First, let’s be clear about the economics of publicly backed wind turbines: The appearance of profit is only possible because the start-up costs are heavily subsidized and the expensive nature of the energy production is hidden by being spread out to all consumers, typically via mandated rates.
So, the $400,000 that the town of Portsmouth supposedly made on its giant fan was not a profit gained by offering a more efficient or desirable product, but by forcing other people to pay more. (Sounds like a tax, doesn’t it?) The town government profited, but it would be wrong to extrapolate that benefit to the broader public… that is, the “we” that people seem to confuse with government bodies.
Now it appears that even that appearance of profit was illusory. Alex Kuffner reports:
For three years, the $3-million windmill fulfilled that promise, making about $400,000 in profit for the town after accounting for maintenance and debt payments. But in February, the 1.5-megawatt turbine started to falter, shutting down for weeks at a time with technical problems. In June, it stopped spinning again, and it has not been started since.
Last week, the Town Council learned that the turbine’s gearbox had failed and would have to be replaced at a cost of at least $460,000 — which would completely erase those three years of profit.
Keep in mind that the cost of repairs is not the whole story, because if the blades aren’t turning, the turbine isn’t earning any money for the town whatsoever, but the debt payments continue.
The piece that small-government, free-market folks have difficulty understanding is why anybody believes, in the first place, that people with no expertise in a particular industry — perhaps no expertise in business generally — will make better decisions if voters let them play with other people’s money.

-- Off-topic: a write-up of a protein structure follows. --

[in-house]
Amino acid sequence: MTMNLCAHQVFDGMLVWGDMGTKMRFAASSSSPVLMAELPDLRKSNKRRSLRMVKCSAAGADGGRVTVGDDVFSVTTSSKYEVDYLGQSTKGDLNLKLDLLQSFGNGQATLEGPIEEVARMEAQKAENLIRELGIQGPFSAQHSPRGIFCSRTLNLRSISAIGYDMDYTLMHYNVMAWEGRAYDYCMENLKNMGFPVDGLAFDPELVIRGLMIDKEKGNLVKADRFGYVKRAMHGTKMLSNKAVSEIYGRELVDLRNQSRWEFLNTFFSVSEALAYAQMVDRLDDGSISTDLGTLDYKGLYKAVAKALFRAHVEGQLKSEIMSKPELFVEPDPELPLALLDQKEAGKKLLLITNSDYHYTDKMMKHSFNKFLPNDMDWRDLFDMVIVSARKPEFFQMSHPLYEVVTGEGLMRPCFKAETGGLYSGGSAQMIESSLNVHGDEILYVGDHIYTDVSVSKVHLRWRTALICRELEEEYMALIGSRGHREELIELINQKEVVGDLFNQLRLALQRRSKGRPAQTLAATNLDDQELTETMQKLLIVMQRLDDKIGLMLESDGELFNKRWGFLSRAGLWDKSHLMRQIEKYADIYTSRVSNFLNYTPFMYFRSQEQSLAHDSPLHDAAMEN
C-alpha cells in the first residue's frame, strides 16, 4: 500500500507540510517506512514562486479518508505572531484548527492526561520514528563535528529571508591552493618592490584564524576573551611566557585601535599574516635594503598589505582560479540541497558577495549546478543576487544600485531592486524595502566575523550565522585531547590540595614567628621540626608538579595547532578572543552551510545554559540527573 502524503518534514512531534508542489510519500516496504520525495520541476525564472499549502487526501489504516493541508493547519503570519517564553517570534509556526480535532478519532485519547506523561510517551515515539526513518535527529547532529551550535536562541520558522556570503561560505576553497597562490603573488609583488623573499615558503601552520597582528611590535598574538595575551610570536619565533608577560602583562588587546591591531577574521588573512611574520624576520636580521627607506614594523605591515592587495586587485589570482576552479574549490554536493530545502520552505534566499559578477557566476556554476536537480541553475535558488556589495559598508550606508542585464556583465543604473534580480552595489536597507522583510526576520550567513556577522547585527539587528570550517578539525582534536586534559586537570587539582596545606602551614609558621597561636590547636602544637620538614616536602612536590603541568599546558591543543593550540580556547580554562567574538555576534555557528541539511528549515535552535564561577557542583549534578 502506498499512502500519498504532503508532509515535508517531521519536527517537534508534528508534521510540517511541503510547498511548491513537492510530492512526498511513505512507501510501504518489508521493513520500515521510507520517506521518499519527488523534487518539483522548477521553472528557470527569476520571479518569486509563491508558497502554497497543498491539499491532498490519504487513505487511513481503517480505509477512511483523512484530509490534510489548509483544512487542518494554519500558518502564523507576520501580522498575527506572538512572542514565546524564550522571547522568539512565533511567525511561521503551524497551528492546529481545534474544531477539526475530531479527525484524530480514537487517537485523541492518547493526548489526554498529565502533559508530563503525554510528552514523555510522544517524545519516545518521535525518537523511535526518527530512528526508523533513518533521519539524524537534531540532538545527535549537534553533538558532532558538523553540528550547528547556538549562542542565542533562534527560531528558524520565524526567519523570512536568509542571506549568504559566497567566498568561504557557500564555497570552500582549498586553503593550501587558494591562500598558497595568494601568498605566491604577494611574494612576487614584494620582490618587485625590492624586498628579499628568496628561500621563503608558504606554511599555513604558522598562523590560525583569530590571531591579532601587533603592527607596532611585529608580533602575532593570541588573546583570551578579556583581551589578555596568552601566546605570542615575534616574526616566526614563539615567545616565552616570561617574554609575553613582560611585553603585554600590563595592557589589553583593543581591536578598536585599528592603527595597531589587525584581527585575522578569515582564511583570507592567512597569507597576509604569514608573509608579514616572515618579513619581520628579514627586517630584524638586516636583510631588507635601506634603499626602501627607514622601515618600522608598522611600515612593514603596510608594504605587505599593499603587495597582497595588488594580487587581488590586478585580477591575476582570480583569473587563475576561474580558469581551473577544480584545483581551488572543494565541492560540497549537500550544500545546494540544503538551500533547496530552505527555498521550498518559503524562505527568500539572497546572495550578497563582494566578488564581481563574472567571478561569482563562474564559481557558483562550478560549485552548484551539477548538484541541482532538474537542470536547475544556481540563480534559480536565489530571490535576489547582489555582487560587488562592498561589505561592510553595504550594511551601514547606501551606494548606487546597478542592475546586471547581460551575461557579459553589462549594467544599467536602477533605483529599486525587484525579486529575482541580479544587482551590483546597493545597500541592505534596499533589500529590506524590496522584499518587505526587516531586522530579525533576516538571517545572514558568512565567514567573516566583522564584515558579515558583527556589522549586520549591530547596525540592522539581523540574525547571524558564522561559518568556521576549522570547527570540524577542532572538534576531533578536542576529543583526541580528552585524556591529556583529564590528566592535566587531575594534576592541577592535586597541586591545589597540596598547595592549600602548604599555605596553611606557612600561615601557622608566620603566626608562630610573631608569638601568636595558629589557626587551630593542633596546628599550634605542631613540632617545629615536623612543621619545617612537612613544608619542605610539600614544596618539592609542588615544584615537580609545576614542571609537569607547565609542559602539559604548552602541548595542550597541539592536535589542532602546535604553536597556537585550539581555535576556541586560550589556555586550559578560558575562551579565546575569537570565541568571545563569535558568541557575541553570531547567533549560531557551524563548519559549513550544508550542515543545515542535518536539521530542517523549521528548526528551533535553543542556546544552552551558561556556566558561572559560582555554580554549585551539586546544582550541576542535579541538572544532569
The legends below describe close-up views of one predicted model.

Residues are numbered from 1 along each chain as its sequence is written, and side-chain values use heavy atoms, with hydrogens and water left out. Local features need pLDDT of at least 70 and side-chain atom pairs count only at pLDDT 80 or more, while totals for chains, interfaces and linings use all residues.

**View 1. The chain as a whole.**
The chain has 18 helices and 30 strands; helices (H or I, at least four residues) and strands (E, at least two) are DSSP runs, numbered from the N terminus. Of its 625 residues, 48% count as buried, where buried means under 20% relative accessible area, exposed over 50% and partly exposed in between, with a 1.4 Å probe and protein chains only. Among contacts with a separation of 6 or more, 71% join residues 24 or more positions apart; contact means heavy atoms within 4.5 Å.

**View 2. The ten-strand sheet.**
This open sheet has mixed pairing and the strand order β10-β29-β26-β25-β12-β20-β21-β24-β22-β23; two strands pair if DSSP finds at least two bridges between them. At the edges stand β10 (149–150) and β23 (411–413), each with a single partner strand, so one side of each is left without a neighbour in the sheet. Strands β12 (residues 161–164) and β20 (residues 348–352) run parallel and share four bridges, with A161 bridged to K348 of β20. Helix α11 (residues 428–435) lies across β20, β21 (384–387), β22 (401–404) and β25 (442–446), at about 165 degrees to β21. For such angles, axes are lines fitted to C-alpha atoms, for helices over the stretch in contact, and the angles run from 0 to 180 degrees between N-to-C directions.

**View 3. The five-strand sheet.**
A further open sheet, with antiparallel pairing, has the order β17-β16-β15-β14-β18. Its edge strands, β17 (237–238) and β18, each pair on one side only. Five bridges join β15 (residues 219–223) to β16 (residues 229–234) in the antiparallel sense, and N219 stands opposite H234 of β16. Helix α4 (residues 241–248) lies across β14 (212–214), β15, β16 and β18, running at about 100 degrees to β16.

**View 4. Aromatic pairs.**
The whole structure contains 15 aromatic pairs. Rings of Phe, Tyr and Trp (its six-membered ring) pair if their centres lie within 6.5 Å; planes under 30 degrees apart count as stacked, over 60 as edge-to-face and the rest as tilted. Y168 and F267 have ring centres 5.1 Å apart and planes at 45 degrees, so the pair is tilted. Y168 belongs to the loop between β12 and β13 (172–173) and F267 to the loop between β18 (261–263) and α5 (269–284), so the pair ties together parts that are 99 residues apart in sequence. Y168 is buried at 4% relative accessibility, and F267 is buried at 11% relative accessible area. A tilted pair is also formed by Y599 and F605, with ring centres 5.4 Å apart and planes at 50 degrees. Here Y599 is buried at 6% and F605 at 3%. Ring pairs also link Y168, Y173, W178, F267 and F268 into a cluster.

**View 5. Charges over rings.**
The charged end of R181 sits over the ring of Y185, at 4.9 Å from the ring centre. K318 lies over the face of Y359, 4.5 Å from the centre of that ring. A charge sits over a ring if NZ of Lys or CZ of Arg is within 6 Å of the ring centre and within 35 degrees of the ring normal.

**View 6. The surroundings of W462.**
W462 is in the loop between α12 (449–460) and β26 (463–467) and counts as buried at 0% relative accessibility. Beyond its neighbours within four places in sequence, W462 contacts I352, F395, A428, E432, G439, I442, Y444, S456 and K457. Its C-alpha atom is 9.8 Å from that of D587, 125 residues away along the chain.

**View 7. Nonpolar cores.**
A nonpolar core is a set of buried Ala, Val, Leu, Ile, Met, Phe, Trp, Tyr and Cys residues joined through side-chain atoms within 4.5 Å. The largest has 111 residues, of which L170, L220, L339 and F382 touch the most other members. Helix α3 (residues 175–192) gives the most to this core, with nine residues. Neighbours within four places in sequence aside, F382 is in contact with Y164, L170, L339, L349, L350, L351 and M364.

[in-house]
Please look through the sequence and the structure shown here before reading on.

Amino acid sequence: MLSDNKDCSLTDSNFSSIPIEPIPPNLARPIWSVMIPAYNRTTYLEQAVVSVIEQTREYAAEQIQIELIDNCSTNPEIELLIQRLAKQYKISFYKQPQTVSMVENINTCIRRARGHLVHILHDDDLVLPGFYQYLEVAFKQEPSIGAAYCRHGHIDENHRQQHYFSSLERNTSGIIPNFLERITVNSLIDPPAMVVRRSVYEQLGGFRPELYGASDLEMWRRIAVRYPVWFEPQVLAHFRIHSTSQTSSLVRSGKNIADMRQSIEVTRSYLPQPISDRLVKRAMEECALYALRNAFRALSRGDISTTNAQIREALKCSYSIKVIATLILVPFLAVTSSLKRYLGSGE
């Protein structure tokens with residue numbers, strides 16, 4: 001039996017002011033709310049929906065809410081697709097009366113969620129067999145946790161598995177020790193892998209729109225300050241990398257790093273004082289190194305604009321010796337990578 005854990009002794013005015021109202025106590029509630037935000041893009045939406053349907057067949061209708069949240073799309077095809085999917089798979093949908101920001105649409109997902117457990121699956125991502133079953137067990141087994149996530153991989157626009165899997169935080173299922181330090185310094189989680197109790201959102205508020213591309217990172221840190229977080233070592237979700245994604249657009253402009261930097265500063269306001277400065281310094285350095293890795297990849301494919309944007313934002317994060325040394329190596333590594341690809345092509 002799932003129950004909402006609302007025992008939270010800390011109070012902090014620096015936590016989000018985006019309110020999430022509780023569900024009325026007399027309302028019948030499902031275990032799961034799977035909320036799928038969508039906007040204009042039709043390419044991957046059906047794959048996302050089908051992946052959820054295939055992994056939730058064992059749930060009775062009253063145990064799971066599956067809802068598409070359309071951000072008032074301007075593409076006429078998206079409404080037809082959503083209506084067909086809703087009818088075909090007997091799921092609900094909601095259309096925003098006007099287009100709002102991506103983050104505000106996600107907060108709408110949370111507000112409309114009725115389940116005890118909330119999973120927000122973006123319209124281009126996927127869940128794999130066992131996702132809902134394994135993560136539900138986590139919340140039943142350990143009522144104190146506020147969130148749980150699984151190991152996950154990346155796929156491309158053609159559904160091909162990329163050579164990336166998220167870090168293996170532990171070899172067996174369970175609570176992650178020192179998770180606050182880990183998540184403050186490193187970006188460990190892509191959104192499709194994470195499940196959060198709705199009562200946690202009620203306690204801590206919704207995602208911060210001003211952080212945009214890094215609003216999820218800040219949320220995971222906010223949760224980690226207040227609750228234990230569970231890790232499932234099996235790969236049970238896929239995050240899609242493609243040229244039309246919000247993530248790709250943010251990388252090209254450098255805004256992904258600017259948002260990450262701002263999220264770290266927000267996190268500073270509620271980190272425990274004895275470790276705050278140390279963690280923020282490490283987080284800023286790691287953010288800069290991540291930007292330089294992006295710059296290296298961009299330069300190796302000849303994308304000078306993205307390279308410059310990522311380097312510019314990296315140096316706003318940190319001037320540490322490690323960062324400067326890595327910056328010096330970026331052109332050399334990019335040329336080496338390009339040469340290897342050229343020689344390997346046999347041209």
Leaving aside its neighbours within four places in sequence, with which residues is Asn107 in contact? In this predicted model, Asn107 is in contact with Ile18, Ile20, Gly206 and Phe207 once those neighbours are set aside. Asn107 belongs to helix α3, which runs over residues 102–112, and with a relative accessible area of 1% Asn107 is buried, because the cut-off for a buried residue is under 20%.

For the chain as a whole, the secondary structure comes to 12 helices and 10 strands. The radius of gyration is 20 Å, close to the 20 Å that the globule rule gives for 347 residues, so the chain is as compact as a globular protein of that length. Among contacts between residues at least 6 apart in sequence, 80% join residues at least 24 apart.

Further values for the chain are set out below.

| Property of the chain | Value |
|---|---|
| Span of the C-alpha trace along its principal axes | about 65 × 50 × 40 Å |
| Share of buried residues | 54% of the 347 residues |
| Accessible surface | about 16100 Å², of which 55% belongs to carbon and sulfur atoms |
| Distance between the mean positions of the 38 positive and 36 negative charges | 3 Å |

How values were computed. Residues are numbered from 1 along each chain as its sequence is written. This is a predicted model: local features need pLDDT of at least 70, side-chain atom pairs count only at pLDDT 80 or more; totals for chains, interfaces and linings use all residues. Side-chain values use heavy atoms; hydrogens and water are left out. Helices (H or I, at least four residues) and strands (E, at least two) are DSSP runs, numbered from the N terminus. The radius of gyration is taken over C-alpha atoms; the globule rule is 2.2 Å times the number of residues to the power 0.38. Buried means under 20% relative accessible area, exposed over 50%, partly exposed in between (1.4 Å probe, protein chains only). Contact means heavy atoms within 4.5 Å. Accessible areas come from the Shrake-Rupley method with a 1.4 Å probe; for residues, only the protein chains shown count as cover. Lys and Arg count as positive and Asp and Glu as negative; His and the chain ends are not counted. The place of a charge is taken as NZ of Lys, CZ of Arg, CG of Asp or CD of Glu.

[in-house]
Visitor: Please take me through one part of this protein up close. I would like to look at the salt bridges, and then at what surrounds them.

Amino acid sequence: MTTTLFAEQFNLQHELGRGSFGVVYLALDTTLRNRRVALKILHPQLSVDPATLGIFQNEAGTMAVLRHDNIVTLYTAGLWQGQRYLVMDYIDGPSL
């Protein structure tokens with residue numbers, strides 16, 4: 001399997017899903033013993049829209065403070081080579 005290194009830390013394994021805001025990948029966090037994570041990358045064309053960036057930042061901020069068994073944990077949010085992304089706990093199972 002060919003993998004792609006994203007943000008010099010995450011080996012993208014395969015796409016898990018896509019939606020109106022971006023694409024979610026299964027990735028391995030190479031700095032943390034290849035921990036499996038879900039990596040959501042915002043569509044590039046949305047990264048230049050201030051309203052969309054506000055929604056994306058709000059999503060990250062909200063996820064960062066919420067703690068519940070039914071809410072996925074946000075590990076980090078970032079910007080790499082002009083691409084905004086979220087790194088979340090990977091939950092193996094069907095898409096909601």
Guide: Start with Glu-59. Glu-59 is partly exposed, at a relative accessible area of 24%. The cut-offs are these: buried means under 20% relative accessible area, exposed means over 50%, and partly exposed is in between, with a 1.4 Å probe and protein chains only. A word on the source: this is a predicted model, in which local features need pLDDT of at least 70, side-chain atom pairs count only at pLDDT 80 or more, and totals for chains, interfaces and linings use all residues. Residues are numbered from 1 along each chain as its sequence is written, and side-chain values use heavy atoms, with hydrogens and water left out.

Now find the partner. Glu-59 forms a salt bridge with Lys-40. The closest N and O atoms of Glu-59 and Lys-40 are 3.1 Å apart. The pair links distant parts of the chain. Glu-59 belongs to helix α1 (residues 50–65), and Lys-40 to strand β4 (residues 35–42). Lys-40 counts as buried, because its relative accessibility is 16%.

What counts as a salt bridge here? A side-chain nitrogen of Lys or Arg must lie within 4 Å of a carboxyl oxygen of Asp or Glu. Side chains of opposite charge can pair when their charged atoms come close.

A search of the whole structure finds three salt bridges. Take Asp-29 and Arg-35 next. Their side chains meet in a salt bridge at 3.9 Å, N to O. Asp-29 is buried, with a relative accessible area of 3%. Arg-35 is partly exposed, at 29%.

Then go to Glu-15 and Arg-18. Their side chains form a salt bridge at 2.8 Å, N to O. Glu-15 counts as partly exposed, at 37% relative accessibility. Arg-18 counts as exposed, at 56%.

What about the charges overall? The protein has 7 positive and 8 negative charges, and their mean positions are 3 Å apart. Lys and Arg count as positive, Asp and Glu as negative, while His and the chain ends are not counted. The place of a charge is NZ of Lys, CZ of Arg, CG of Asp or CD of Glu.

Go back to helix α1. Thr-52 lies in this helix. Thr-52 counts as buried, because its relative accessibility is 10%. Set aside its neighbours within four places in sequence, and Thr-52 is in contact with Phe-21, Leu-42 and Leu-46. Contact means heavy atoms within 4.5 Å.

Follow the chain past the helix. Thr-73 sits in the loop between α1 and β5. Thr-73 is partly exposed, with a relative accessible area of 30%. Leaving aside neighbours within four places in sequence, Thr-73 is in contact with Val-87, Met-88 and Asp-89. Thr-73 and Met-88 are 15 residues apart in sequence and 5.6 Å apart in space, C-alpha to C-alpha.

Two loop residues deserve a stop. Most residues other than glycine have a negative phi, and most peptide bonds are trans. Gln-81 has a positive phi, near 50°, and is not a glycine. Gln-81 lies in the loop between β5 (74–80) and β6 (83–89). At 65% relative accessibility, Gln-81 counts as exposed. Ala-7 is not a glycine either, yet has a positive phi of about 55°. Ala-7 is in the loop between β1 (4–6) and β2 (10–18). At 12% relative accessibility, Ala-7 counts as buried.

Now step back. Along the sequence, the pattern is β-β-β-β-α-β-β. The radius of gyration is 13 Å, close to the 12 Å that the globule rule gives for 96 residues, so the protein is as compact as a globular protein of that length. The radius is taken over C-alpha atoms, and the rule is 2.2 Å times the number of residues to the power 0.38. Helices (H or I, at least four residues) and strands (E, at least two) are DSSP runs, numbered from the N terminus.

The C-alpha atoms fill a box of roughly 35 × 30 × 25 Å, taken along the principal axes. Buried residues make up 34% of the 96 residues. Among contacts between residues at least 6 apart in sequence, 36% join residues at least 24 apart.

I have no idea what the odds are that a half-million-dollar gear box will malfunction a few years into wind turbine operation, but even people with experience purchasing automobiles ought to have a sense that such things are possible. Whatever the case, it’s reasonable to suspect that if it were the town council’s own livelihood that had been hinging on highly technical parts (manufactured in foreign countries), rather than a little piece of everybody’s livelihood, either the project never would have happened or the safeguards would have been stronger.
If they hadn’t been, well, hey, the people suffering would actually have been the people who didn’t put those safeguards in place. Now the people of Portsmouth are at the mercy of a German manufacturer’s supposedly generous offer to sell the town two gear boxes for the price of one, which ought to make town residents wonder three things:
- What’s the profit margin on a $460,000 box of gears?
- Will they get the same deal again in six to eight years if the experienced time proves to be the lifespan of this part?
- What other expensive components are set to trigger new costs as soon as the “profitability” returns?
Moreover, anybody else across the state who has been wondering whether wind turbines are a good deal, when introduced through government agencies, should perhaps consider the question answered.